And in a stroke of luck, we were able to convince our ex-Controller (who had the ship running tightly for years before the changes) to come back and get our systems going again. She had been commuting long-distance and was excited to be home with her family, but returned because she knew we needed her.
Thanks to a heroic team effort, we made it. Barely. And we went on to grow rapidly as the market leader in our category, culminating in a very successful acquisition by Symantec in 2012. Along the way, billing became a huge strength of our company.
But during those few months in 2009, it felt like that amusement park ride where you fall from the sky and almost touch the water. And then you throw up.
So What Did I Learn?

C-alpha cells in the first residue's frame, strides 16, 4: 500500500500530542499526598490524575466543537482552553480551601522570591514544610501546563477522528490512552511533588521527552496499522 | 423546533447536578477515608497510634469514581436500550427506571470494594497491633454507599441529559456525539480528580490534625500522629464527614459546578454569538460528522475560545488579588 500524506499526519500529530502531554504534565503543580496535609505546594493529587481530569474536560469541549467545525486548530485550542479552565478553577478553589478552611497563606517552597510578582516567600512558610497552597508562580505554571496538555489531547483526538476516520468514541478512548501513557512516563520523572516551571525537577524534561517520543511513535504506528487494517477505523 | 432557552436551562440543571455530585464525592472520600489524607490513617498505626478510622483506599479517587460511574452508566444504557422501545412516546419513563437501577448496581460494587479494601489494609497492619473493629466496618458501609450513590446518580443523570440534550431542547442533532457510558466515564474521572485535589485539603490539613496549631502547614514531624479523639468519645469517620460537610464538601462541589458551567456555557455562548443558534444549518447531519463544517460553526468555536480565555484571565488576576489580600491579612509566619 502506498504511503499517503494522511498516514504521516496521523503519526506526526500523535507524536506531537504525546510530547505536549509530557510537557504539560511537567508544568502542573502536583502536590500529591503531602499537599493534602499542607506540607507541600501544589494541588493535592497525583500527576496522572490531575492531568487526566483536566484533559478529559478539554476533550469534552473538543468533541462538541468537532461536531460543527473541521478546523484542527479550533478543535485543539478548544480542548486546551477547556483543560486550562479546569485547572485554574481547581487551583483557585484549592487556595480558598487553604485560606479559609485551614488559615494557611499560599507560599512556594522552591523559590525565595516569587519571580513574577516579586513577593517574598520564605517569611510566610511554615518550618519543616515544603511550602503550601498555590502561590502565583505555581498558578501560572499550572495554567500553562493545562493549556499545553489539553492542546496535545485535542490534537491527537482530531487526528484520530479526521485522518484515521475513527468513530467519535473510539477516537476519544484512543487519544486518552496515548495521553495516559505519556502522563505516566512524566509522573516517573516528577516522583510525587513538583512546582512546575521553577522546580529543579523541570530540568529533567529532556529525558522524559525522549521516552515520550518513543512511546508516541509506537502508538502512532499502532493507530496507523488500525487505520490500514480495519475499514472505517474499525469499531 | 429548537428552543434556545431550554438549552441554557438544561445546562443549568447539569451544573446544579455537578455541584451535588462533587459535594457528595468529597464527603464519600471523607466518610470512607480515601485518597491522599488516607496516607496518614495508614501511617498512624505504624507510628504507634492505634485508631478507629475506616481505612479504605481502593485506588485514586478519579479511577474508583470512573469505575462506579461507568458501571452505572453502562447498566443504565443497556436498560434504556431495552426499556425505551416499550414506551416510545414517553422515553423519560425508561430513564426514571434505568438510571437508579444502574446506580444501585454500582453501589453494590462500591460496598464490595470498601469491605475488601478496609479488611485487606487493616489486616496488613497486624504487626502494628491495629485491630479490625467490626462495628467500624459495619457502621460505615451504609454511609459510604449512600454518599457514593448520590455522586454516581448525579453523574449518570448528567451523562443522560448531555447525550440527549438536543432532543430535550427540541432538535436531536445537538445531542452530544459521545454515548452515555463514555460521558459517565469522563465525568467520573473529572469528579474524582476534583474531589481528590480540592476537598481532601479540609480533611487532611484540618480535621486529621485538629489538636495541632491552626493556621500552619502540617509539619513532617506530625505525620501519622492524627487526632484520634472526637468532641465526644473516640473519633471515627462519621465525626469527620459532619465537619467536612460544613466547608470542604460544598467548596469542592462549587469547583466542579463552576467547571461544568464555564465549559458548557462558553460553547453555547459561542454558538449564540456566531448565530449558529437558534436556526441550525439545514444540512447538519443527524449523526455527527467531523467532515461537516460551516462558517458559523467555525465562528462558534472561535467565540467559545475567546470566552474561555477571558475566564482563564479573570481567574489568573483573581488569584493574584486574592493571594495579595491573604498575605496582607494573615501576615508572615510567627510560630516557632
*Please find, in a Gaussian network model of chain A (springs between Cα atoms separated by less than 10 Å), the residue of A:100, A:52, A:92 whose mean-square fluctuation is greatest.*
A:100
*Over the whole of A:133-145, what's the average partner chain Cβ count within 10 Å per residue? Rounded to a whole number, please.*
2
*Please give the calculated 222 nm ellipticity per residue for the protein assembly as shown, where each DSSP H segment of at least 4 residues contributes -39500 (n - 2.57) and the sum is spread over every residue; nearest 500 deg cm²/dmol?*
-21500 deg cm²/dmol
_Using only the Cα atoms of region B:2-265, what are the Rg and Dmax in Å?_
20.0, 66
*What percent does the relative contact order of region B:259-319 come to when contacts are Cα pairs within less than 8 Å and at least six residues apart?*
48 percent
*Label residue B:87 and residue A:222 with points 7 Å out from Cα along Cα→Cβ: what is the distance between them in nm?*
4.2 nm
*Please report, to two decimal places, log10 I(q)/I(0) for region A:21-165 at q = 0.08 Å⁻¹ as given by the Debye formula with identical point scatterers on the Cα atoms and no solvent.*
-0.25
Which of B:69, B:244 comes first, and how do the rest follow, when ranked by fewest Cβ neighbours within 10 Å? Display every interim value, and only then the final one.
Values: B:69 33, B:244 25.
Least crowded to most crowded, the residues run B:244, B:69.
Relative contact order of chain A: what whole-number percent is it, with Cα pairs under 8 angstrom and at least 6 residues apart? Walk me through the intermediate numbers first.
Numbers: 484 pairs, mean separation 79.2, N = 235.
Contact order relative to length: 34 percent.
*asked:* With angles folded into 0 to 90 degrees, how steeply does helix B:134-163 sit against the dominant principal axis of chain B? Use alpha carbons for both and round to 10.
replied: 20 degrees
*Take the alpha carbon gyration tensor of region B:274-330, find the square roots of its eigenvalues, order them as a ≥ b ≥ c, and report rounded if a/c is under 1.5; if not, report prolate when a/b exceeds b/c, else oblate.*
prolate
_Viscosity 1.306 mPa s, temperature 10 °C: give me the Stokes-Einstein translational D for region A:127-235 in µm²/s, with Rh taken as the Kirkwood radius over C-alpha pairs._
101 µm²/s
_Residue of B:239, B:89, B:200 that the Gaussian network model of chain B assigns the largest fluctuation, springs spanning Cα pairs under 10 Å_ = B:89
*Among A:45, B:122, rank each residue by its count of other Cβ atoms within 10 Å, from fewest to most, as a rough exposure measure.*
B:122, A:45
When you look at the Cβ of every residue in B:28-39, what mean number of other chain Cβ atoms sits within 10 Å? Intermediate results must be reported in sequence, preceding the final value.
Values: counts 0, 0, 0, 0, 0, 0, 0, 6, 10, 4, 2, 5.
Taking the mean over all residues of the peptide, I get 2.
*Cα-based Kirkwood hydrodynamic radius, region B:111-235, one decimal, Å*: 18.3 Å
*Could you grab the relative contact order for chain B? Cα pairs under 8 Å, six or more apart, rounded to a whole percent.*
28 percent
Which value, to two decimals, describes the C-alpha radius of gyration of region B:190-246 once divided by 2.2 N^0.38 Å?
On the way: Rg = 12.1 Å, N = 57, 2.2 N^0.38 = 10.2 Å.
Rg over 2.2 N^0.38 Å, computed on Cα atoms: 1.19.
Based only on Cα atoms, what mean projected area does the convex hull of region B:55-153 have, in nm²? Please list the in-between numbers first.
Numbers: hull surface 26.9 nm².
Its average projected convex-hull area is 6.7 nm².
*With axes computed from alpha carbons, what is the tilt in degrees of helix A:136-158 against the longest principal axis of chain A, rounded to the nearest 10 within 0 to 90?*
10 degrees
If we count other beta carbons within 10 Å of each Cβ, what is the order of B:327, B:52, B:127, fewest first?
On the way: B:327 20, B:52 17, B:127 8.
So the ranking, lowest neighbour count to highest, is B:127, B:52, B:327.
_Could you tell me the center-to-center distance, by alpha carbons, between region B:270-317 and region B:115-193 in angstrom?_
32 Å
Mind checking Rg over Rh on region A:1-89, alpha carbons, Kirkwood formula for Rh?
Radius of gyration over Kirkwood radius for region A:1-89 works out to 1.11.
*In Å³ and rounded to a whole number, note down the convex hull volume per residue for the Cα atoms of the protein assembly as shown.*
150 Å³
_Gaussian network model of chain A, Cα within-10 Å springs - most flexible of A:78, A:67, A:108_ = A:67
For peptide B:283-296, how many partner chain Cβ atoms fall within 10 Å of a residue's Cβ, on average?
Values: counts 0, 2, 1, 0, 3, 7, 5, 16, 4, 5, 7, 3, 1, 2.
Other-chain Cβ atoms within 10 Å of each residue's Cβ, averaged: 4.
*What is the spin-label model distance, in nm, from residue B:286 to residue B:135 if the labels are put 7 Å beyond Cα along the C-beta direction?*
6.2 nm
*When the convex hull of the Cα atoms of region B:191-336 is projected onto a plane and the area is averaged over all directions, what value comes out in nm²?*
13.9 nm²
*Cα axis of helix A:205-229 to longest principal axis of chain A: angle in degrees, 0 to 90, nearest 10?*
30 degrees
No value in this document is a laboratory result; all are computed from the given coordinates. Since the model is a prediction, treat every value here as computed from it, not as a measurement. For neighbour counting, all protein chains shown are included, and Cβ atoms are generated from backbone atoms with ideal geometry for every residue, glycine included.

Hopefully I never have a crisis like that again, but if I did, here’s what I’d consider:
- Clear the Calendar. It’s easy to get stuck in your routine of product, customers, employees, etc. And the bigger you get, the more pulls you’ll have on your time. But when you’re in a crisis, you need to break your routine and free up the time to deal with the day’s urgency. Literally cancel all of your meetings and start from a fresh calendar.
- Keep the Crisis Top of Mind. In the same vein, it’s important to keep the crisis in front of you at all times. For me, this meant printing out our (very ugly) daily cash forecast and keeping it with me constantly. I think I literally carried it in my pocket for weeks.
- Assumptions Make a *Something* Out of All of Us. When we cut over to the new billing system, we switched to all-email invoice delivery. Since we had been around for some time, we previously were mailing invoices. But we never double-checked to make sure we had email addresses for every legacy customer. It turned out a bunch were missing and hence they weren’t getting bills. Sometimes the most obvious things can get you.